One very attractive and sensible initiative is providing affordable, state sponsored insurance for cattle to protect small farmers from the potentially massive loss when 1 of their only 2 or 3 cows dies.
Thailand: Slaughter Steers AUD $3.95/kg (Baht 26.6 to $1AUD)
Domestic prices remain steady with the only changes due to the currency movements.
On the 7th April the Burmese KNU (Karen National Union) held elections with success going to the “government friendly, pro-business” faction. This may help facilitate an increase in the cattle trade across the Myanmar/Thai border in the medium term.
The China trade through the northern Thai border area remains subdued as a result of numerous restrictions placed on sale cattle by the Chinese buyers. I am not sure what they are although there are some suggestions that Beta agonists are involved.
This leaves local producers with a steady domestic market and a modest number of exports to Vietnam.
No scope for any new feeder exports from Australia in the short and medium term future.
Malaysia: Slaughter Steers AUD $3.44 per/kg (RM3.39 to $1 AUD)
No change once again for this with the exception of the Indian buffalo price which has jumped up to Rg19.50 per kg after an extended period at 18.60. This is the highest price recorded since I began collecting records of buffalo beef about 12 months ago.
Philippines: Slaughter Cattle AUD $2.61 / kg (Peso 38.3 to AUD$1)
Prices of live slaughter cattle remain constant but prices in the wet market have risen between 3 and 7pc. Supermarket prices are the same but quality has slipped. The main news in the market is a sudden rise in pork prices following low domestic production and restricted imports.
Zero prospects of any improvements in live cattle demand from the Philippines in the foreseeable future.
China: Slaughter Cattle AUD $4.27/kg (RMB 5.27 = AUD$1)
A small weakening in the Beijing live price to Y22.5 but a significant rise in the Shanghai price to Y18 (from Y16.4).
My agent from Shanghai reports that the abattoir staff who provide the data for this report say that it is becoming more difficult to source both feeder and slaughter cattle in their region. It will be interesting to see if this is the beginning of a new recovery in prices or just a short term blip.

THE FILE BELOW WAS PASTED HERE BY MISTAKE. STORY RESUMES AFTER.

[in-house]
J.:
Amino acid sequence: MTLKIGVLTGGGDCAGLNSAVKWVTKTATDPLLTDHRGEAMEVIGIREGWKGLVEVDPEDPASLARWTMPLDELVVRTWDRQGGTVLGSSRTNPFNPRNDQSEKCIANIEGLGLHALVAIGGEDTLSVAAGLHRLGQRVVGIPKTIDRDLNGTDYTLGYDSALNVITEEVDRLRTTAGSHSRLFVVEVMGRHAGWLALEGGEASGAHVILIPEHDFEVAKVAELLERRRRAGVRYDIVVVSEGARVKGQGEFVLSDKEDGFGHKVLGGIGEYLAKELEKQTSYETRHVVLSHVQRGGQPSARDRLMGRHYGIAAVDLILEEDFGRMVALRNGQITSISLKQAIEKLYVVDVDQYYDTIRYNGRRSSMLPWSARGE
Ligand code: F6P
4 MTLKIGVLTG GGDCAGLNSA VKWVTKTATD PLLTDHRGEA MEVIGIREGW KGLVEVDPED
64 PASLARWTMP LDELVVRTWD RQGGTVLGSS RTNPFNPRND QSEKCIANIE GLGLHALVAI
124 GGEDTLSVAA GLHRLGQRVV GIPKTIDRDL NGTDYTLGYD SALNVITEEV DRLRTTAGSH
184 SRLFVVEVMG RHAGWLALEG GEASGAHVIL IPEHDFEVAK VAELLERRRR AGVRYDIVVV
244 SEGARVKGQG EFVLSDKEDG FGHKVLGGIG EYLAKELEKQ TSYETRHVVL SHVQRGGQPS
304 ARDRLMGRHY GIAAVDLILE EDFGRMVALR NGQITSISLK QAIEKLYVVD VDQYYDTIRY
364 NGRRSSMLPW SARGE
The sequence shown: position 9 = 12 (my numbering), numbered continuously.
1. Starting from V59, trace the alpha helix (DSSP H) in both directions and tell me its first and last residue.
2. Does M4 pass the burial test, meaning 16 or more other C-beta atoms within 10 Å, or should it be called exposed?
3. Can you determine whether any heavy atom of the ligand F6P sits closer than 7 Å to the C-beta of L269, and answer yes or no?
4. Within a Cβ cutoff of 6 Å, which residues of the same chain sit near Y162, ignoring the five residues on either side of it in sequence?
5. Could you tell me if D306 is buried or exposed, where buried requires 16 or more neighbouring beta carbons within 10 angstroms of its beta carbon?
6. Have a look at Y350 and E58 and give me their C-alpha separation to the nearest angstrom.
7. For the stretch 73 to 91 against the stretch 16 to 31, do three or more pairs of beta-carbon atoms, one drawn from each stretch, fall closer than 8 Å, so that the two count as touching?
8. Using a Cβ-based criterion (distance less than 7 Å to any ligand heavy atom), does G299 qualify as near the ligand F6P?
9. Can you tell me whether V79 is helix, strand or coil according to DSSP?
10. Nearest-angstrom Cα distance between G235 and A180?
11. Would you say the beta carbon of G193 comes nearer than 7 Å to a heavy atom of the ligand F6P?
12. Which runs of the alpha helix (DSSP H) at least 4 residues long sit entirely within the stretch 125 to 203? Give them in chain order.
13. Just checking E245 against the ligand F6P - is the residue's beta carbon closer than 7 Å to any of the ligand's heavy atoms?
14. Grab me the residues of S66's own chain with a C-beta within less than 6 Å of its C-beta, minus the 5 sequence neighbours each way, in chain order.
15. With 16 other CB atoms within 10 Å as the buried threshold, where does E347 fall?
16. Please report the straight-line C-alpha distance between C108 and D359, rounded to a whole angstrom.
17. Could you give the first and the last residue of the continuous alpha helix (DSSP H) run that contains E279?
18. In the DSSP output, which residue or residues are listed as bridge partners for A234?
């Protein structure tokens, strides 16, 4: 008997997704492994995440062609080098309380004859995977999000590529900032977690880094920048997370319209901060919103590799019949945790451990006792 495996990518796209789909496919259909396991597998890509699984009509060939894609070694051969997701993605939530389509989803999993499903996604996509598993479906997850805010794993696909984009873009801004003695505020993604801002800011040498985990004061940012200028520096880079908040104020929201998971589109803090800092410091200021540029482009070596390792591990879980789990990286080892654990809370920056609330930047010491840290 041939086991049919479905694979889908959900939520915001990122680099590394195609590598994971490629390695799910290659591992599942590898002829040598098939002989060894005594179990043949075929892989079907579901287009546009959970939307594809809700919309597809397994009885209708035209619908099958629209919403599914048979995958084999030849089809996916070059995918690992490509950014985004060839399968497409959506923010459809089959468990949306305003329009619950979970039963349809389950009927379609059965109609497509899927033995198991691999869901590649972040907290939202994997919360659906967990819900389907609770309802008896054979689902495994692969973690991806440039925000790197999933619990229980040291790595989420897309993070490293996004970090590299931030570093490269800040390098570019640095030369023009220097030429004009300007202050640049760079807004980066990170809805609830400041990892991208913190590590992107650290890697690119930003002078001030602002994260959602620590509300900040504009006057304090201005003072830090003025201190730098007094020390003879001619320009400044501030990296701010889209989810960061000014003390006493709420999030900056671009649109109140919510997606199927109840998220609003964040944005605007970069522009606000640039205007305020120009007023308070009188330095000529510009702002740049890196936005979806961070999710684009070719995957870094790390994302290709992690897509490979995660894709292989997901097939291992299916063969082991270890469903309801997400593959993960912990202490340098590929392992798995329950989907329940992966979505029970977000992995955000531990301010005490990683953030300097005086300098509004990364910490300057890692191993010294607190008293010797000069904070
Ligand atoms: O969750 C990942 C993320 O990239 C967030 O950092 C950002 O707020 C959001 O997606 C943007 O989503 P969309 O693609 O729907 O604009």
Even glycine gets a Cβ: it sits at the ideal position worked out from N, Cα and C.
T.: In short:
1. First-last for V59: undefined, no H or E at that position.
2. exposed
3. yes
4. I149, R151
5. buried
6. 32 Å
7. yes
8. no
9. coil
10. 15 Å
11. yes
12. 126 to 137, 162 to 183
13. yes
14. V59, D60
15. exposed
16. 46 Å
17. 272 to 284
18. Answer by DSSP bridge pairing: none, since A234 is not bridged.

Argentina beef continues to be marketed at significant discount to other imported products (Y51.6) while Aussie and local product is selling for Y74. Brazil product was absent for a while during the meat scandal episode.
Australia : the lucky country – for beef.
I was back in Australia last week and enjoyed going to the supermarkets and butcher shops to see the many offerings of beef.
Aussies don’t realise how lucky they are to be able to select from such a huge range of products including MSA (Meat Standards Australia) beef at their local outlets at some of the lowest prices (considering income) in the world. Magnificent beef with eating quality virtually guaranteed by the MSA process.
I’m getting a beef craving just writing about it!
Meat Standards Australia : www.mla.com.au/msa or contact MSA 1800 111 672.
New York beef for comparison
The photo below was taken by my daughter who lives in New York.
This is “paddock to plate” beef at an upmarket butcher shop offering at drastically higher prices than Australians are used to paying.
Prime rib roast for AUD$78.70/kg and Tomahawk steaks for AUD$116.88/kg (@ AUD75cents per $1USD).
Market price table for March 2017
(All prices converted to AUD)
These figures are converted to AUD$ from their respective currencies which are changing every day so the actual prices here are corrupted slightly by constant foreign exchange fluctuations. The AUD$ figures presented below should be regarded as reliable trends rather than exact individual prices. Where possible the meat cut used for pricing in the wet and supermarket is Knuckle/Round.